Delta Airlines has decided to take a different direction when it comes to its private jet business, announcing earlier today that it would be combining its Delta Private Jets unit with Wheels Up, which is a NYC-based privately held business that has seen quick growth, according to reports on Thursday (Dec. 12).
The exact terms of the transaction have not yet been disclosed, but the deal is targeted for completion by early 2020. According to Wheels Up CEO Kenny Dichter, Delta will become his largest shareholder, and its fleet of private jets will move to Wheels Up’s direct control. The deal was described as a merger by Delta CEO Ed Bastian.
The transaction aims to blend the “best of both worlds,” combining Wheels Up’s membership programs, digital platform and lifestyle experiences with Delta Private Jets’ much larger scale fleet of jets. At the close of the transaction, Wheels Up will have a fleet of more than 190 private aircraft and over 8,000 members and customers.
The deal follows long speculation that Delta was looking to pivot away from the business aviation and private jet markets entirely. In structure, the deal has some similarities to Delta’s choice to move out of its ground services business last year, spinning off its wholly-owned Delta Global Services to Argenbright Holdings I, LLC while holding onto a 49 percent equity interest. The service was rebranded as DGS.
“This groundbreaking partnership will democratize private aviation, making the convenience of private jet travel accessible to more consumers,” said Bastian. “Wheels Up’s lifestyle experiences and innovative digital platform, combined with the scale and service of Delta Private Jets, helps further Delta’s mission of connecting people and communities worldwide through travel. This agreement is the latest step in Delta’s ongoing effort to build partnerships that extend Delta’s brand beyond its core business.”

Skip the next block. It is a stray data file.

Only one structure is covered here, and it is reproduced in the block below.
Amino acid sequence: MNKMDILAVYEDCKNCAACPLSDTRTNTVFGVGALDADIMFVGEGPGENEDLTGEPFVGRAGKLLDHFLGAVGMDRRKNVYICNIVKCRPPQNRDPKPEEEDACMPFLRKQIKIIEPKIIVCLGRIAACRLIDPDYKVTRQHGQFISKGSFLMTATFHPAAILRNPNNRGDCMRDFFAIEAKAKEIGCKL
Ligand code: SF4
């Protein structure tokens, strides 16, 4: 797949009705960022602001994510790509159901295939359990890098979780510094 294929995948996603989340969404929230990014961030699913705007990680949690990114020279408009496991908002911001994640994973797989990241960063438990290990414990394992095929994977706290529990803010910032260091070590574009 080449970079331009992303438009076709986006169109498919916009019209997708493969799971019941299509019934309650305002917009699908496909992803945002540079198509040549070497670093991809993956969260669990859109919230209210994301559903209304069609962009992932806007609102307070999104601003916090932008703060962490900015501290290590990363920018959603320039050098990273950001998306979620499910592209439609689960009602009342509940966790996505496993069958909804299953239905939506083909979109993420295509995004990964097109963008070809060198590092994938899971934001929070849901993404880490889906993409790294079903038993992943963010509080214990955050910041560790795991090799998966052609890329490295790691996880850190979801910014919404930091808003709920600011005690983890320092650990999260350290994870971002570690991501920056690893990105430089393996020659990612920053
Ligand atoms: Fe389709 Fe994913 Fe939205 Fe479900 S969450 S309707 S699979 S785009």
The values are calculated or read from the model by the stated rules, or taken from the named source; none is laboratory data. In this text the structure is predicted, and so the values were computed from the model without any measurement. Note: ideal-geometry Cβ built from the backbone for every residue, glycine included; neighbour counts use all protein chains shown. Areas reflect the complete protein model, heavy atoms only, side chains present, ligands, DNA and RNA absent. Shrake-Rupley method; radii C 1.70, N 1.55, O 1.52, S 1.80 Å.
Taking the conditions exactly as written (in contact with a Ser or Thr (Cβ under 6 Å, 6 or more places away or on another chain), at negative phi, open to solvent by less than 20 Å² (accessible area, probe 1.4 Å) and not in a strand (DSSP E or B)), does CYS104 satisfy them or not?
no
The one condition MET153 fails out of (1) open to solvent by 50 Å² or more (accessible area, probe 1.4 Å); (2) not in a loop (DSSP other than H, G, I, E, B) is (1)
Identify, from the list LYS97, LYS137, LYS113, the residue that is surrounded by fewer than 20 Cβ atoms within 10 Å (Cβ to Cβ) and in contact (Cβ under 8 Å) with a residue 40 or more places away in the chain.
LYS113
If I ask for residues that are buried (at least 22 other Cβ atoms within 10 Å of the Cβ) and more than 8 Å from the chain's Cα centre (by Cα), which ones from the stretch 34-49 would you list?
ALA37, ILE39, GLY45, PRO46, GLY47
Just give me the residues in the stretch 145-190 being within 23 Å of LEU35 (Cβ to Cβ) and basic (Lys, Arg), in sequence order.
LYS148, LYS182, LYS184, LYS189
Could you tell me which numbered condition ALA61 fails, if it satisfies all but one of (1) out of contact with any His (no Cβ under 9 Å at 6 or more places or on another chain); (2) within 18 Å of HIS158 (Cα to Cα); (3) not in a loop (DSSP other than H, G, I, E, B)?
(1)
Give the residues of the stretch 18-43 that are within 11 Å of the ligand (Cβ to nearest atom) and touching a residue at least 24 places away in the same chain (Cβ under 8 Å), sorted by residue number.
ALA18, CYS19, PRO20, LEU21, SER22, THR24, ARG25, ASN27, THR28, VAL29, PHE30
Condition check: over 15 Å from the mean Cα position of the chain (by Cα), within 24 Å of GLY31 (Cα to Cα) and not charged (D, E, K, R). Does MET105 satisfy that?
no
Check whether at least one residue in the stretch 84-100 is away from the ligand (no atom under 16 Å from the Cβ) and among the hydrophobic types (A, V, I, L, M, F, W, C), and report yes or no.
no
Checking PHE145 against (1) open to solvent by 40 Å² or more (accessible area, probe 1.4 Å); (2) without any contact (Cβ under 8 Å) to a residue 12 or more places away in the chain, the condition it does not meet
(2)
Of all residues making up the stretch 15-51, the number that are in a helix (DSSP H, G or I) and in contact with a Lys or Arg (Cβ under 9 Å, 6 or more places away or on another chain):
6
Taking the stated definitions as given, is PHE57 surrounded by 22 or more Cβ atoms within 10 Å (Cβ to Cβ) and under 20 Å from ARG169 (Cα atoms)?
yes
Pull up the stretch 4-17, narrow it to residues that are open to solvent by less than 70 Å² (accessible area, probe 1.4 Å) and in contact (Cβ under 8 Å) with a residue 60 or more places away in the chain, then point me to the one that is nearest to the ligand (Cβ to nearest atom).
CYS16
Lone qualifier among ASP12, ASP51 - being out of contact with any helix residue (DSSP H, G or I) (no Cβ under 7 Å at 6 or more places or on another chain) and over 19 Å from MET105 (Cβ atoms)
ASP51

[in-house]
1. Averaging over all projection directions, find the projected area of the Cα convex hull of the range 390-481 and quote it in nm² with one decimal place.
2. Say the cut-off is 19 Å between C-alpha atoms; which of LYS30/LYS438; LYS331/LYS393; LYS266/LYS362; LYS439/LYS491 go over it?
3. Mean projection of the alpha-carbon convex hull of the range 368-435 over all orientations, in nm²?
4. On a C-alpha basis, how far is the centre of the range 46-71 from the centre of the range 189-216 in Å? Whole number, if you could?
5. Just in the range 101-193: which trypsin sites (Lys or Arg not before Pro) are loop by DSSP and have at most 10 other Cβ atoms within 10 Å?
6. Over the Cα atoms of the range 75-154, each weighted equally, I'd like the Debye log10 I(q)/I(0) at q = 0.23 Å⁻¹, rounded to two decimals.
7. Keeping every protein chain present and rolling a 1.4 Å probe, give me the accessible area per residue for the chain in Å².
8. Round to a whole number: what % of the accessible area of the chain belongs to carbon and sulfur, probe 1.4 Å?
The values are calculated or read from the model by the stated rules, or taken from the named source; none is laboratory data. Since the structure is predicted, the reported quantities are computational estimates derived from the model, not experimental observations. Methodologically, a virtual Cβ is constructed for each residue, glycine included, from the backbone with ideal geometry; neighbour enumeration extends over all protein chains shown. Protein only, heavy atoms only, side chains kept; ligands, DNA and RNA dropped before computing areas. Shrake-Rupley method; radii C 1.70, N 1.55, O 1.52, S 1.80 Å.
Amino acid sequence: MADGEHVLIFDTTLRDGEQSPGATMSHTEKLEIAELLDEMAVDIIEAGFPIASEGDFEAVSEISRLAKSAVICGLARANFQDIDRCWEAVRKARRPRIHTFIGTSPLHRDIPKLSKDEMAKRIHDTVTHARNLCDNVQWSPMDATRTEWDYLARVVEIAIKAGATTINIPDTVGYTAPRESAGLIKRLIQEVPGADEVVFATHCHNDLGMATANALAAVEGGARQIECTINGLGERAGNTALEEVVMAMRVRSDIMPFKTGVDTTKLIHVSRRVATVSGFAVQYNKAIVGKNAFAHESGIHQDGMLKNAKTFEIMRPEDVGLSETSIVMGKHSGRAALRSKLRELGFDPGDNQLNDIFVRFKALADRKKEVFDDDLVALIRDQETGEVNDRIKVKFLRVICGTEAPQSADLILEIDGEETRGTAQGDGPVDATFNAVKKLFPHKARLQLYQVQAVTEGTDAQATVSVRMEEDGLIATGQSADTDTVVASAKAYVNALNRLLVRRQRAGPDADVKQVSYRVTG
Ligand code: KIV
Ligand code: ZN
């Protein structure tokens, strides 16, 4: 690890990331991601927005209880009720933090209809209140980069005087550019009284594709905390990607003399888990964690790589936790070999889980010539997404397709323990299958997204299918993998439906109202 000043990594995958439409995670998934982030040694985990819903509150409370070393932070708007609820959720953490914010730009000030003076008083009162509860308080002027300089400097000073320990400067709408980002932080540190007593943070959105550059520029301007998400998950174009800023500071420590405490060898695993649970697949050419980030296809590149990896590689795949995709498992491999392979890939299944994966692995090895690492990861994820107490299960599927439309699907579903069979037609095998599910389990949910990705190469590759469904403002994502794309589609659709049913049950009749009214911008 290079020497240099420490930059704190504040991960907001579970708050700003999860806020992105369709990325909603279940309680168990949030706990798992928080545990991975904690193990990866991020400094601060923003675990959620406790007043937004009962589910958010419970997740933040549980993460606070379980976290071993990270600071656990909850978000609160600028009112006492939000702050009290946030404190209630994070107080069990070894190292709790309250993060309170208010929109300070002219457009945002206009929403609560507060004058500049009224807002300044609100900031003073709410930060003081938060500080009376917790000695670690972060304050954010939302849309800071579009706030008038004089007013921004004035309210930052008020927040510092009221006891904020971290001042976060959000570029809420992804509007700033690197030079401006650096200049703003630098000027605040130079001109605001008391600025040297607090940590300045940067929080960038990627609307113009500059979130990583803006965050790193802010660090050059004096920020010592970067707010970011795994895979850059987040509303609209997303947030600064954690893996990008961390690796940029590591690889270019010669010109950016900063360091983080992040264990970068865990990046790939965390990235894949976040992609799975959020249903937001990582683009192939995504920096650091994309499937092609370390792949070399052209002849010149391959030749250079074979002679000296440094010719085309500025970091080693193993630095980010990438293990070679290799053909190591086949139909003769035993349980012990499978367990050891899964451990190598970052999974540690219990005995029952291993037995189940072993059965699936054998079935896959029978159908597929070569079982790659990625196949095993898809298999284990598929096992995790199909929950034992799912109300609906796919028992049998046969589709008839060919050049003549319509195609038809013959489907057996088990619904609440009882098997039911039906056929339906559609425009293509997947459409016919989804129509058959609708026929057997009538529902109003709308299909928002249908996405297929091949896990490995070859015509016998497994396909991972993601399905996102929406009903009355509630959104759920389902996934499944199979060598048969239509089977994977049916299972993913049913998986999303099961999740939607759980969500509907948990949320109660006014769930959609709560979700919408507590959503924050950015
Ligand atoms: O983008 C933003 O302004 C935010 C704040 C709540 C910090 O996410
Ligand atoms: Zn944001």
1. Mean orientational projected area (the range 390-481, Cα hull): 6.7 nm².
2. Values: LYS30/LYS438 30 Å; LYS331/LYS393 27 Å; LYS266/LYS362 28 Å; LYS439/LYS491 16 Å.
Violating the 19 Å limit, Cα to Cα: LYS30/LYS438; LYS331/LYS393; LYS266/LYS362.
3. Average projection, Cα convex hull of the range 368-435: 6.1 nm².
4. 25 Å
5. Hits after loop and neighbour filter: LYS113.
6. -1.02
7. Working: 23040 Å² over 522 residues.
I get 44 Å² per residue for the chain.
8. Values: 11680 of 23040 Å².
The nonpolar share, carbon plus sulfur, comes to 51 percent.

Dichter concurred, noting that the combined business would be greater than the sum of its parts, with the potential to provide a “transformative first for the industry.”
“The combination of Wheels Up and Delta Private Jets, along with the partnership commitments between Delta and Wheels Up, aligns with our growth objectives and vision of building a platform that will make the private flying lifestyle accessible to significantly more individuals and businesses in the U.S. and around the world,” he noted.
That is particularly important around the world – Wheels Up has long publicly stated it would like to expand into Europe specifically, and globally more generally. Delta has equity alliances with foreign airlines such as Aeromexico, Air France-KLM and Korean Air. They also own a 49 percent share of Virgin Atlantic Airways.
With the infusion from Delta, media sources indicate that Wheels Up is likely headed for a race between the other two large, up-and-coming players in the private aviation market in the U.S. and around the world: Directional Aviation and Vista Global. All three, however, are racing to dethrone the far-and-away largest player in the field: NetJets, a unit of Berkshire Hathaway.
Wheels Up’s signature innovation is a pay-as-you-go model, in contrast to the costly subscription fees and minimum use requirements that generally go along with private aviation. Despite its la carte approach, Wheels Up still promises guaranteed availability and fixed one-way rates, meaning no ferry fees, though there is a membership fee to join.
The hourly price for a private jet runs around $5,000, meaning its users will certainly not be working class, or even upper-middle class. But Dichter thinks that could change – and that services like Wheels Up, which allow groups of consumers to split a private jet to fly to a special event or group vacation, could democratize the service in the future.
But for now, Dichter noted, the focus is on continuity as the merger heads toward completion early next year.
“Delta Private Jets and Wheels Up will continue to serve and communicate with their existing employees, customers, members, partners and vendors in the same manner in which they do today,” he said.